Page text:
I've had many conversations with Ron over the past week about his habits, his medications, and how he sleeps in between conversations and such. He scared me so much Sunday morning that I went ape-sh** on him when I found out he'd gotten into some medication that I had HID from him so he wouldn't take too much of it - and he took it anyway! I know that it slows down his response time and he can't afford to be any slower than he already is. Because he took this, I'm sure that it is the reason he fell because he couldn't catch his balance again. I threatened him with nursing home residency if he didn't straighten up. He has a lot of short-term memory problems, but he KNEW that I had this medicine hidden and he KNEW that I didn't want him taking any extra, and he hid the fact from me that he took it until the next day. So, he has enough memory to know when he's doing something that he's not supposed to do.

In all honesty, I'm not sure realistically how much longer he'll be able to stay home. I know I've said this before, but things have really changed with the hip replacement.

Speaking of... oh my - the bills (and insurance claims) are rolling in. His hospital bill was over $32,000, the surgeon and his PA each charged $2900 for the surgery, the ambulance was $650, the rehab was $9600 (that's just for the December portion; not received the claim for the first 11 days of January), the primary care doctor bill was $450 for the hospital, the PA and doctor for the nursing home (rehab) was $90 or $135 every day they saw him and "supposedly" one of them came in every day of the week. Insurance picked up the entire tab for the hospital and the December portion of the nursing home. They also paid all but $453 of the surgeon and all but $105 of the ambulance. I'm not sure how much of the various other doctor bills or the January nursing home bill will be paid by them or owed by me. At the very least, I'll owe $1750 (his deductible) and then possibly 20% of the rest (reasonable and customary) until the maximum out-of-pocket ($3500) for him has been met.  I'm hoping with the addition of Humana Medicare that most of the extra expenses will be picked up by them. We shall see...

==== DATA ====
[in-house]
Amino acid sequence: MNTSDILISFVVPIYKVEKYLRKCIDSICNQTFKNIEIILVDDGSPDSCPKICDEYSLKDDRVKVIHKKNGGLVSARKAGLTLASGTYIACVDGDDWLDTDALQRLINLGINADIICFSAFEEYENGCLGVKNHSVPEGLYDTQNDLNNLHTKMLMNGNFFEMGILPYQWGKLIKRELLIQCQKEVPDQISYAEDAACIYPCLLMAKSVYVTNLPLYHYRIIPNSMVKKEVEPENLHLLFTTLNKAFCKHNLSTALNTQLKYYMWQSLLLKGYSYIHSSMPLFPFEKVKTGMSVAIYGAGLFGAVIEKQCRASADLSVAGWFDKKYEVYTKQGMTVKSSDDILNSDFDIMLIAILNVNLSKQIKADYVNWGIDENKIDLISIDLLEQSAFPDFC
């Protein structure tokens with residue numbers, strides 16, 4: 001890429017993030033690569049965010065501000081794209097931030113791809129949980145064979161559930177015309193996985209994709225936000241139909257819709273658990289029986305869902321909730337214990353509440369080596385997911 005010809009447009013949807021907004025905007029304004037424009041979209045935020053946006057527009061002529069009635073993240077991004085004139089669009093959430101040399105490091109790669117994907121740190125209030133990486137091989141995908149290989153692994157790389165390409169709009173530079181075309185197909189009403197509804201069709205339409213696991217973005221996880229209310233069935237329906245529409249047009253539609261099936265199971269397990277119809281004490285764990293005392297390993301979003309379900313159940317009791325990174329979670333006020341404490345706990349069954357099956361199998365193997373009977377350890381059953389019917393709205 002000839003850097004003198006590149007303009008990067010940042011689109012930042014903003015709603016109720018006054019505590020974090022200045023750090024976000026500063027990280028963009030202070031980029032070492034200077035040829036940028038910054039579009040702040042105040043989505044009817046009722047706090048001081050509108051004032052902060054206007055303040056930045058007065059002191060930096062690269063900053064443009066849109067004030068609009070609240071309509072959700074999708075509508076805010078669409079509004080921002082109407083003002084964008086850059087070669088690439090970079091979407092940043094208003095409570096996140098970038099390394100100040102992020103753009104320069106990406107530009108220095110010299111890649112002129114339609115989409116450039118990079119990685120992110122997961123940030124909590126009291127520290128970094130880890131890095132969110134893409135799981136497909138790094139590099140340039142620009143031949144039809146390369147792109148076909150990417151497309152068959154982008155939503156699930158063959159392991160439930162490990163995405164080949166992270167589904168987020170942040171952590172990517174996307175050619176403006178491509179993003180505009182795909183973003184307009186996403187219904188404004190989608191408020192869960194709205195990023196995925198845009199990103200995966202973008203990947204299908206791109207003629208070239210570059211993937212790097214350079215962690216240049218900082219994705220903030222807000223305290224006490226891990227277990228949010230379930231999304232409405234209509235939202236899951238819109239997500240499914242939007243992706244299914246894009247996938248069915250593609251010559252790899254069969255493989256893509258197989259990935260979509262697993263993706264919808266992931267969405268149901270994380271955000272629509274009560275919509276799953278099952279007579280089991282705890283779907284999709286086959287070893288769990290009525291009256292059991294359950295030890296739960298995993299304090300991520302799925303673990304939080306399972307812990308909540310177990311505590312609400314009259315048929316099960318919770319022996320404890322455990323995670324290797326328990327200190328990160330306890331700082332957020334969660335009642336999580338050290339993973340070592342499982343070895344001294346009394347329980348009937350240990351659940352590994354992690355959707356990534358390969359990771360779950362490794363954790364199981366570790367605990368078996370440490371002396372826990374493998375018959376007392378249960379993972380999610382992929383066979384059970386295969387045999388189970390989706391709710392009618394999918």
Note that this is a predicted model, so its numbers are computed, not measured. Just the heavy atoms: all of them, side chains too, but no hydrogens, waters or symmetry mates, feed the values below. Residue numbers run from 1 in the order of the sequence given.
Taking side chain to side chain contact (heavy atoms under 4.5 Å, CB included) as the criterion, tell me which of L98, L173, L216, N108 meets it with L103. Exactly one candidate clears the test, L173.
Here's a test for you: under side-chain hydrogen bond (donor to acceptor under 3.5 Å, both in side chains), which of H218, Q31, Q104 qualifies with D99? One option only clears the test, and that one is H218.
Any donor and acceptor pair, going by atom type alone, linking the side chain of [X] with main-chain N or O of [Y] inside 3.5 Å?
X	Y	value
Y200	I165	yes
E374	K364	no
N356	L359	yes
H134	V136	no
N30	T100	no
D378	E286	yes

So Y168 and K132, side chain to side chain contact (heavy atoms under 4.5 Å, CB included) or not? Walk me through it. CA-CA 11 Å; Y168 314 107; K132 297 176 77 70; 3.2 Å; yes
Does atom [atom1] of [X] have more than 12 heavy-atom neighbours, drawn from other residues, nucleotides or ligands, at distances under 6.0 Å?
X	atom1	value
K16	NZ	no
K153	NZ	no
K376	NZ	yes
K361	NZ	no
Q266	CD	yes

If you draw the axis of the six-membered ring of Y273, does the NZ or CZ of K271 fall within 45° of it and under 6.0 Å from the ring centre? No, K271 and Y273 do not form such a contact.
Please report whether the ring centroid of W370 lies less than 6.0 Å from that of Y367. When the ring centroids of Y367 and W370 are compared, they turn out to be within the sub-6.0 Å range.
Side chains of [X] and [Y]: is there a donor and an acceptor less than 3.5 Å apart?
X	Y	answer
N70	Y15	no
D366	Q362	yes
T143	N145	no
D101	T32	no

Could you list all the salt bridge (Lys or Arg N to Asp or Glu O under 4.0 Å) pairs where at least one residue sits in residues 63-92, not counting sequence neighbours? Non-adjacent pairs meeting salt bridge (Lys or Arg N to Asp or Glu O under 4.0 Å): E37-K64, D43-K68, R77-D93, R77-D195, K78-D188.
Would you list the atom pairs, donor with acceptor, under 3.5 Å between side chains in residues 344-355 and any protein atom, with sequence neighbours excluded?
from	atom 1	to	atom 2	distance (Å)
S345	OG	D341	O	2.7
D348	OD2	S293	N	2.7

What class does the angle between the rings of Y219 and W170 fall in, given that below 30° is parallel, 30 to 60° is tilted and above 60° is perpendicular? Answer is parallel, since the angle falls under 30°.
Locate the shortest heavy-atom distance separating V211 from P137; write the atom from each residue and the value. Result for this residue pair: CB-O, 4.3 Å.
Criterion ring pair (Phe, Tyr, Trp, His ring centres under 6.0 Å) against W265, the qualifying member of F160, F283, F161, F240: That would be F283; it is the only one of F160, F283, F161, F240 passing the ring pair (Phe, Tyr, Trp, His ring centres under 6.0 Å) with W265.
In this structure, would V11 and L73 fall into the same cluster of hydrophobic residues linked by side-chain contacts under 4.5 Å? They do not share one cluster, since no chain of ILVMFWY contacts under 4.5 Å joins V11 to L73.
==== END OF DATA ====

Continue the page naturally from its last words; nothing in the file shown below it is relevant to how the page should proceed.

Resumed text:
In the meantime, we also have a visiting nurse (twice weekly), physical therapy (twice weekly), occupational therapy (twice weekly), and home health attendant (once per week to help him shower). Those are "extra" charges that I haven't got calculated into the above charge. I'm so glad to have the help that I'm just not going to worry about the financial aspect because I know they'll all take payments.

Payment plans are definitely in my future!

Wednesday, January 2, 2013

Ron Update

Ron has had a rough time recuperating from his broken hip. He fell on 12/4 and had a partial hip replacement on 12/5. On 12/8, he was transferred to a "rehab" facility (nursing home) where he has had physical therapy every day since then, except for Christmas Day. Other than that, he's had some type of therapy. A lot of days, he's not able to walk any but he's had upper body strengthening exercises and is working very hard.

He had been in mild kidney failure while in the hospital so it was a few days before everything settled down and he lost the confusion that accompanies kidney failure. Once that happened, he was more ready to begin the arduous task of "rehab."

Last weekend, Ron started complaining of severe pain in his hip and couldn't even put weight on the leg without being in serious discomfort. Sunday, they discovered that he had an infection in the incision so he was started on an antibiotic. His blood pressure has been very high so they've put him on a new blood pressure medication. It's still not doing the trick so the doctor is adding back one of his previous medications. We're hopeful that the combination will do the trick.